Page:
Guest post: 111.5 miles through Glacier National Park with a 200-400mm Nikon lens and a Leica M9

I’m Chris Peterson, editor and publisher of Glacier Park Magazine, an ad-free quarterly magazine of Glacier National Park, a million-acre wildlife preserve in Northwest Montana. The Park celebrated its 100th birthday in 2010 and in commemoration of that birthday I did a 100-mile hike in the Park, from the southern end to the north end (111.5 miles to be exact).

 

On the journey I lugged two cameras and several lenses. For wildlife and birds I carried a Nikon D300 and 200-400 AFS lens at all times on a monopod (it was like a 10-pound cherry on top of a bulging 45-pound pack).

I also carried my coveted Leica M9 with a 50 mm summicron and 21 mm elmarit aspherical. The 21 is a fantastically sharp lens and perfect for the Park’s tight glacier-carved valleys. The 50 mm is a wonderful all-around lens, but alas, I set it down on the very first day and forgot to pick it up. It sat there for 14 days before I swung around later and found it sitting along the trail right where I left it. Despite being rained on several times, the lens was no worse for the wear (try that with an autofocus slr lens).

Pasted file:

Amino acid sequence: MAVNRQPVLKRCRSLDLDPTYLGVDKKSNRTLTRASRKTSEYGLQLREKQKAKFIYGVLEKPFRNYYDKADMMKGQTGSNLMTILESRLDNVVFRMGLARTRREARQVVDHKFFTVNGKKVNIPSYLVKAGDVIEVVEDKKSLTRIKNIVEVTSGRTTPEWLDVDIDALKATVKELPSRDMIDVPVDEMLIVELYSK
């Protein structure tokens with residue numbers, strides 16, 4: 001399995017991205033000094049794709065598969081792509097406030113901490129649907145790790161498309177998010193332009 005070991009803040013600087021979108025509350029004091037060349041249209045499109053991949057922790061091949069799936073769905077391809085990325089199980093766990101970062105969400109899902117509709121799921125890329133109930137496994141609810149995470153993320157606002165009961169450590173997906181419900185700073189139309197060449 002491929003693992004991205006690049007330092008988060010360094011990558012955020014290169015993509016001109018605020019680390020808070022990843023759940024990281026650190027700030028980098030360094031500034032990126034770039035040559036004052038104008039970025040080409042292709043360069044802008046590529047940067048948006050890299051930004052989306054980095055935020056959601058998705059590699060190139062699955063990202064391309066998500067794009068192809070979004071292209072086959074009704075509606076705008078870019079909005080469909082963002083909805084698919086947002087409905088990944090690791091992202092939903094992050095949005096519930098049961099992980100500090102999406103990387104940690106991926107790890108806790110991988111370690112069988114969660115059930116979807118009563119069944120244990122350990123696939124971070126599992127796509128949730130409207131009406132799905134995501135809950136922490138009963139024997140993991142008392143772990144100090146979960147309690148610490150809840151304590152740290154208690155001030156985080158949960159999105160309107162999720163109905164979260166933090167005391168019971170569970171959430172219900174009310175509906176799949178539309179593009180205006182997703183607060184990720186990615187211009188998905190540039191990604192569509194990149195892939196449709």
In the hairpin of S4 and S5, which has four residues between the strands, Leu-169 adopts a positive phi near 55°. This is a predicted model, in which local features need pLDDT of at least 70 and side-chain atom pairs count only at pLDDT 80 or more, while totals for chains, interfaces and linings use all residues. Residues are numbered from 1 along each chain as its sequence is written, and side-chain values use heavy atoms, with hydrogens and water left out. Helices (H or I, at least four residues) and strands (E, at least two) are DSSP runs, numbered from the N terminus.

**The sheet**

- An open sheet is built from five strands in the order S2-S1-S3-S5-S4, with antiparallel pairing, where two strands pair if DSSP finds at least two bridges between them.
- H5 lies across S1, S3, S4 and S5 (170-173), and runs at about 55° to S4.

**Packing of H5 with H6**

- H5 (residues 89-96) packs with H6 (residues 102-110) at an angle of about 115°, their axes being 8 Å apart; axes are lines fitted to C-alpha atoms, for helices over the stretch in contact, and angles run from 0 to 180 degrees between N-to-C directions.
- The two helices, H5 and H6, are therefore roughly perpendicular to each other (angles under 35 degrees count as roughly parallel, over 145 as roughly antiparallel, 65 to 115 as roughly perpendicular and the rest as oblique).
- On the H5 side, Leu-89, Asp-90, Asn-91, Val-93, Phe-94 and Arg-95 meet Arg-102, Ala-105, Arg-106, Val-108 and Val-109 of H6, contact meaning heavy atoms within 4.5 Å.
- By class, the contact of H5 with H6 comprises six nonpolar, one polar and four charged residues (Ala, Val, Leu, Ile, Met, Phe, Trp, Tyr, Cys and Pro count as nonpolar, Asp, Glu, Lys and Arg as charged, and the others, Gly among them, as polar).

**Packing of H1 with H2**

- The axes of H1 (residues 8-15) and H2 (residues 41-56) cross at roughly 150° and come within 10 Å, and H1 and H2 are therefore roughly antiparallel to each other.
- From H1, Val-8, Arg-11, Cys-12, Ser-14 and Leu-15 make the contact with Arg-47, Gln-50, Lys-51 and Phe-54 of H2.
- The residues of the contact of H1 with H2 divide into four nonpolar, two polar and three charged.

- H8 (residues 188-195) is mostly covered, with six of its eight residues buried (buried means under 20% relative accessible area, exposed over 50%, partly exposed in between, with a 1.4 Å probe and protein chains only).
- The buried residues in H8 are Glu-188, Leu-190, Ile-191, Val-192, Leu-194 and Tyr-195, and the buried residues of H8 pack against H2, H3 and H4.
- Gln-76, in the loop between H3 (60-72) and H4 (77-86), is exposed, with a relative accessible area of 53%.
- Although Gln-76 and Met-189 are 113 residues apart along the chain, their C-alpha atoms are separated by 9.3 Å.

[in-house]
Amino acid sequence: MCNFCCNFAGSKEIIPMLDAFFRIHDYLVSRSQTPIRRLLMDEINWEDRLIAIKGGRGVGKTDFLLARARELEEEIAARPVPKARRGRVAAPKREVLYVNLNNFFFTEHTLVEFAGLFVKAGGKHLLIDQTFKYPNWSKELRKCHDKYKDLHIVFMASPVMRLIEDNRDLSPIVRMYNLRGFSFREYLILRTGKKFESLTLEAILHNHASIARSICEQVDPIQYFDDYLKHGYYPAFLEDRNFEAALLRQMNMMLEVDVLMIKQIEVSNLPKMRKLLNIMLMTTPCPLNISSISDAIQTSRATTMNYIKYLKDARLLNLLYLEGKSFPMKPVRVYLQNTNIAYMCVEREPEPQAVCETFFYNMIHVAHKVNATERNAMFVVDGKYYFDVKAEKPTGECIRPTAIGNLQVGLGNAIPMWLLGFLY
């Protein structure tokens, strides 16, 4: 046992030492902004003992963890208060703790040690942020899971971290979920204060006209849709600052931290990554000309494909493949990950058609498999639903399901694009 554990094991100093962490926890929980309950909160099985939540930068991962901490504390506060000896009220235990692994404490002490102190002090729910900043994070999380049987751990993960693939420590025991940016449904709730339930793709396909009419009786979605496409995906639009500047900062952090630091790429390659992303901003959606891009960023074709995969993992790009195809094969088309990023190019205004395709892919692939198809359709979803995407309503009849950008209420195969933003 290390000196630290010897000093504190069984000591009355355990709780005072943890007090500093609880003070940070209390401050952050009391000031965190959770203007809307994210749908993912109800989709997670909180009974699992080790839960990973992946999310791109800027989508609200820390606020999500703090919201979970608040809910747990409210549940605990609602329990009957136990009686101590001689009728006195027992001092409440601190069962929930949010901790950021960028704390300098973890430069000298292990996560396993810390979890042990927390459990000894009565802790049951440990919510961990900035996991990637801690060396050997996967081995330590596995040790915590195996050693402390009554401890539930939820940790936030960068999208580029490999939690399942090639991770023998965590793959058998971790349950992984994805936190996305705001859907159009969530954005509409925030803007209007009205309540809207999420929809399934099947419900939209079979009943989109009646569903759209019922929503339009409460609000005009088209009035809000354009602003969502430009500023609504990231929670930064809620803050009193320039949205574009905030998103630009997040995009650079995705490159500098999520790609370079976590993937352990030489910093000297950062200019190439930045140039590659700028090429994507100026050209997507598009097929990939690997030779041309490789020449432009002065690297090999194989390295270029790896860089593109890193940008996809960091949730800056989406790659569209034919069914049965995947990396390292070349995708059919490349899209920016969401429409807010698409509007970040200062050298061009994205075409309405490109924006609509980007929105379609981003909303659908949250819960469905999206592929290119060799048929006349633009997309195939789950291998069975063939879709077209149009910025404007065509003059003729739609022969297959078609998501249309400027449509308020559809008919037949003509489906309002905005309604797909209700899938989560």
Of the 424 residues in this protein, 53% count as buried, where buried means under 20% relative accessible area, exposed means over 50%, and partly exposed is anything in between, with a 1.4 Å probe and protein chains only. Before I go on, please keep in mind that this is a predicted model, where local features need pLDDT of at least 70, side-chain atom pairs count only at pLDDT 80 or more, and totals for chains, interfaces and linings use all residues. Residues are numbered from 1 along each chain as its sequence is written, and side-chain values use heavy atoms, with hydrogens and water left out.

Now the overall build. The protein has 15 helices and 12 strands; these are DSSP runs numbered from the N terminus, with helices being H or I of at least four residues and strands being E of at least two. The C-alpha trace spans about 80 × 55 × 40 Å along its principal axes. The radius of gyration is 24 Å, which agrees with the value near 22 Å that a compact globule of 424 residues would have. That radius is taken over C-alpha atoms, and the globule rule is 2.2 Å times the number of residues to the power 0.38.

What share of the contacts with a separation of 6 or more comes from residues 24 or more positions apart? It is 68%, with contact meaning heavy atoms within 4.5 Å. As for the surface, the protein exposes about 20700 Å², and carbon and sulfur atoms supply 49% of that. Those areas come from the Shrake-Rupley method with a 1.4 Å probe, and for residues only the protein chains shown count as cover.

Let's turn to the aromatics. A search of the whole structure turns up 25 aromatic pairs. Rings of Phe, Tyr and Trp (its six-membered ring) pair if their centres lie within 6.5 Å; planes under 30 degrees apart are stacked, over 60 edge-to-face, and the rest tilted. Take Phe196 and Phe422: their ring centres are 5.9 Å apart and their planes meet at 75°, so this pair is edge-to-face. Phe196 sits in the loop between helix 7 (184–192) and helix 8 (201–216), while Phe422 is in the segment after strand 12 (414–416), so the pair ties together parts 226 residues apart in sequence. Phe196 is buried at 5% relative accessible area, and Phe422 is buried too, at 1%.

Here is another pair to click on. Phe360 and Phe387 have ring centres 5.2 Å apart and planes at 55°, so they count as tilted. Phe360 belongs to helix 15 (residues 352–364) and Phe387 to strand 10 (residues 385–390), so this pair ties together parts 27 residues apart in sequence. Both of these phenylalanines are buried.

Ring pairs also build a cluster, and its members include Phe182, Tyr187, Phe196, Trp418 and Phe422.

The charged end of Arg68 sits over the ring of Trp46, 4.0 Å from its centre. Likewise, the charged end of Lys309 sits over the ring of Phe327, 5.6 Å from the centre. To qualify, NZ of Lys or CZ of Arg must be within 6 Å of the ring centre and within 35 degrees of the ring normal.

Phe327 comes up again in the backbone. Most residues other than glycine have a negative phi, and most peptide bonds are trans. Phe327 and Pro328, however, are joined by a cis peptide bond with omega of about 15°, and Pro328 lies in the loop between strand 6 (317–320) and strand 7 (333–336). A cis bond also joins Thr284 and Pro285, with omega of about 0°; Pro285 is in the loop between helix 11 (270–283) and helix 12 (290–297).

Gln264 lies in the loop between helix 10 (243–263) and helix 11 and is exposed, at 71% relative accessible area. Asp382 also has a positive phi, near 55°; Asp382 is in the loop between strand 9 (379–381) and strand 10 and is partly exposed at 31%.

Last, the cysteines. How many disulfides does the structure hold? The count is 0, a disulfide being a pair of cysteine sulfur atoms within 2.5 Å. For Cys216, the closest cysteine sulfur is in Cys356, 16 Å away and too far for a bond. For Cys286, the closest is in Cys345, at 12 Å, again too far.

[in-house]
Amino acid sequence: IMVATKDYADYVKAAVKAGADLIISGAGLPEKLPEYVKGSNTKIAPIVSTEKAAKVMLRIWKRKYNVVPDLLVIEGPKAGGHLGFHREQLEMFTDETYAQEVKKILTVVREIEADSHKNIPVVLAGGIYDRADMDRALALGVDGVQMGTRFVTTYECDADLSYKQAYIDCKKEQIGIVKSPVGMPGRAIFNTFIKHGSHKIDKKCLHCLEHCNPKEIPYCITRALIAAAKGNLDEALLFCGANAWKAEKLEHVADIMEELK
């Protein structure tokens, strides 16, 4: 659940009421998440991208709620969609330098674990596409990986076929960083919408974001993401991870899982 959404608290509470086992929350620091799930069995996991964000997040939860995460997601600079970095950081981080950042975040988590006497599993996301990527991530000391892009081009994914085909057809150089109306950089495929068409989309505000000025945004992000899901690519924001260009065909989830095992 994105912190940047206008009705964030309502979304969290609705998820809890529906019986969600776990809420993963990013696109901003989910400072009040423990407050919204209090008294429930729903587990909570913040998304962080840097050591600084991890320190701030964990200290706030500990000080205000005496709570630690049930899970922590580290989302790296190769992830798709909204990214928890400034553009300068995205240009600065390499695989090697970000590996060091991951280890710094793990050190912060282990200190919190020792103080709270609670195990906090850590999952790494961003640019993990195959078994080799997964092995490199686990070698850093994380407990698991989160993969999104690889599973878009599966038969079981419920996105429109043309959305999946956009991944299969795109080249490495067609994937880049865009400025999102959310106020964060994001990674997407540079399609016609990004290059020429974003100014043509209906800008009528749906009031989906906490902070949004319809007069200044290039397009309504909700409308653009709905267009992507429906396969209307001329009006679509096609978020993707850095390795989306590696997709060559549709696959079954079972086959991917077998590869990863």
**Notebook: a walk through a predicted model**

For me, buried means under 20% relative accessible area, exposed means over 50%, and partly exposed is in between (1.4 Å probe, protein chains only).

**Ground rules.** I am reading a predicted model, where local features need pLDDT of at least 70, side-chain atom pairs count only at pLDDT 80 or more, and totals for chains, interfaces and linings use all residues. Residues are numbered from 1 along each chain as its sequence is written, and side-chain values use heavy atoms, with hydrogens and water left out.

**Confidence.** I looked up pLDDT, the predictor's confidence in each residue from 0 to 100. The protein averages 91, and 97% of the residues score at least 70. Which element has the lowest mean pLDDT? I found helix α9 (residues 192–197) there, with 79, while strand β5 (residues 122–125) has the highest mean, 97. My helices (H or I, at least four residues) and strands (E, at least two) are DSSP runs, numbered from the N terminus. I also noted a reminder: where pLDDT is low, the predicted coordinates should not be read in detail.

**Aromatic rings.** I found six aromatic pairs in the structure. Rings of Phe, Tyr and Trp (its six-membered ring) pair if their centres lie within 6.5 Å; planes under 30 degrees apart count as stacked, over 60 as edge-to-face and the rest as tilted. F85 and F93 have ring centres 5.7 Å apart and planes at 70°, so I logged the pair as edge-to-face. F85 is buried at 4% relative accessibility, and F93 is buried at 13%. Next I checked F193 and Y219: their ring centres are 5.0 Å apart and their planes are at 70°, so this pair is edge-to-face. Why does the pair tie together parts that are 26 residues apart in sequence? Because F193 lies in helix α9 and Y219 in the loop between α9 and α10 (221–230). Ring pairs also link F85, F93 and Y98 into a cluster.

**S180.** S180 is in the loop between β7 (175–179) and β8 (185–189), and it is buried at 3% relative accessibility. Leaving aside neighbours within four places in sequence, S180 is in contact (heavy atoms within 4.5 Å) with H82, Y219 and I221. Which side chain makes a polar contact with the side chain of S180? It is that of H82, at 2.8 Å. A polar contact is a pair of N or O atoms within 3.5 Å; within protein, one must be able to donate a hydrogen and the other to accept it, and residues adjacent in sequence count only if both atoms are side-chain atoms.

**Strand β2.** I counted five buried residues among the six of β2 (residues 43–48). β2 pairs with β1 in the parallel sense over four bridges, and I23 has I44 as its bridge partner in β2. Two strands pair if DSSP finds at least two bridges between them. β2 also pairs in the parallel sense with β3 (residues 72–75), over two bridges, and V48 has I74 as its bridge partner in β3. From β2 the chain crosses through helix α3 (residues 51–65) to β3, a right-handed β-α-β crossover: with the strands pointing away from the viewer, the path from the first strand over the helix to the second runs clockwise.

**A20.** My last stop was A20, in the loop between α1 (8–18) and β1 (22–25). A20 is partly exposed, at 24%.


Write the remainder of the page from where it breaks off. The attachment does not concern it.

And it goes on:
My journey took me up and over numerous mountain passes, through gigantic thunderstorms and torrential rains and there were hordes of mosquitoes and flies.

I ran into moose, mountain goats, several black bears, a grizzly bear and 41 bighorn sheep.

The Nikon did the heavy lifting for the wildlife photos, while the Leica was perfect for landscape shots. I use the M9 for several reasons. For one, it is lightweight (compared to a pro slr) and yet rugged. Its brass top and bottom plates hold up well to miles of abuse. The files are stunningly sharp and 30-inch prints from project have virtually no grain. The camera also renders the subtle colors of Glacier’s skies perfectly. I shot both jpeg and raw files together. I use the jpg files as a reference shot and the raw files to make final adjustments, if necessary.

 

 

The rangefinder design also makes it easy to hand-hold at shutter speeds down to a quarter of a second. I carried just a small lightweight “Gorilla Pod” to take some night shots and to take self-timed photos of myself. The M9 is also compact — the 21 mm fits in the palm of your hand as does the 50 mm. By contrast, Nikon’s 14-24 mm alone is a beast.

The only downside is the Leica batteries don’t last long. I took three with me and fortunately, they don’t weigh much.

You can view the journey (and several others) at www.glacierparkmagazine.com. Photo diary of the 100 days project can be seen here.

Thanks to Chris for sharing his journey with us. If you want to be a guest blogger on LeicaRumors, please contact me with your post suggestion.

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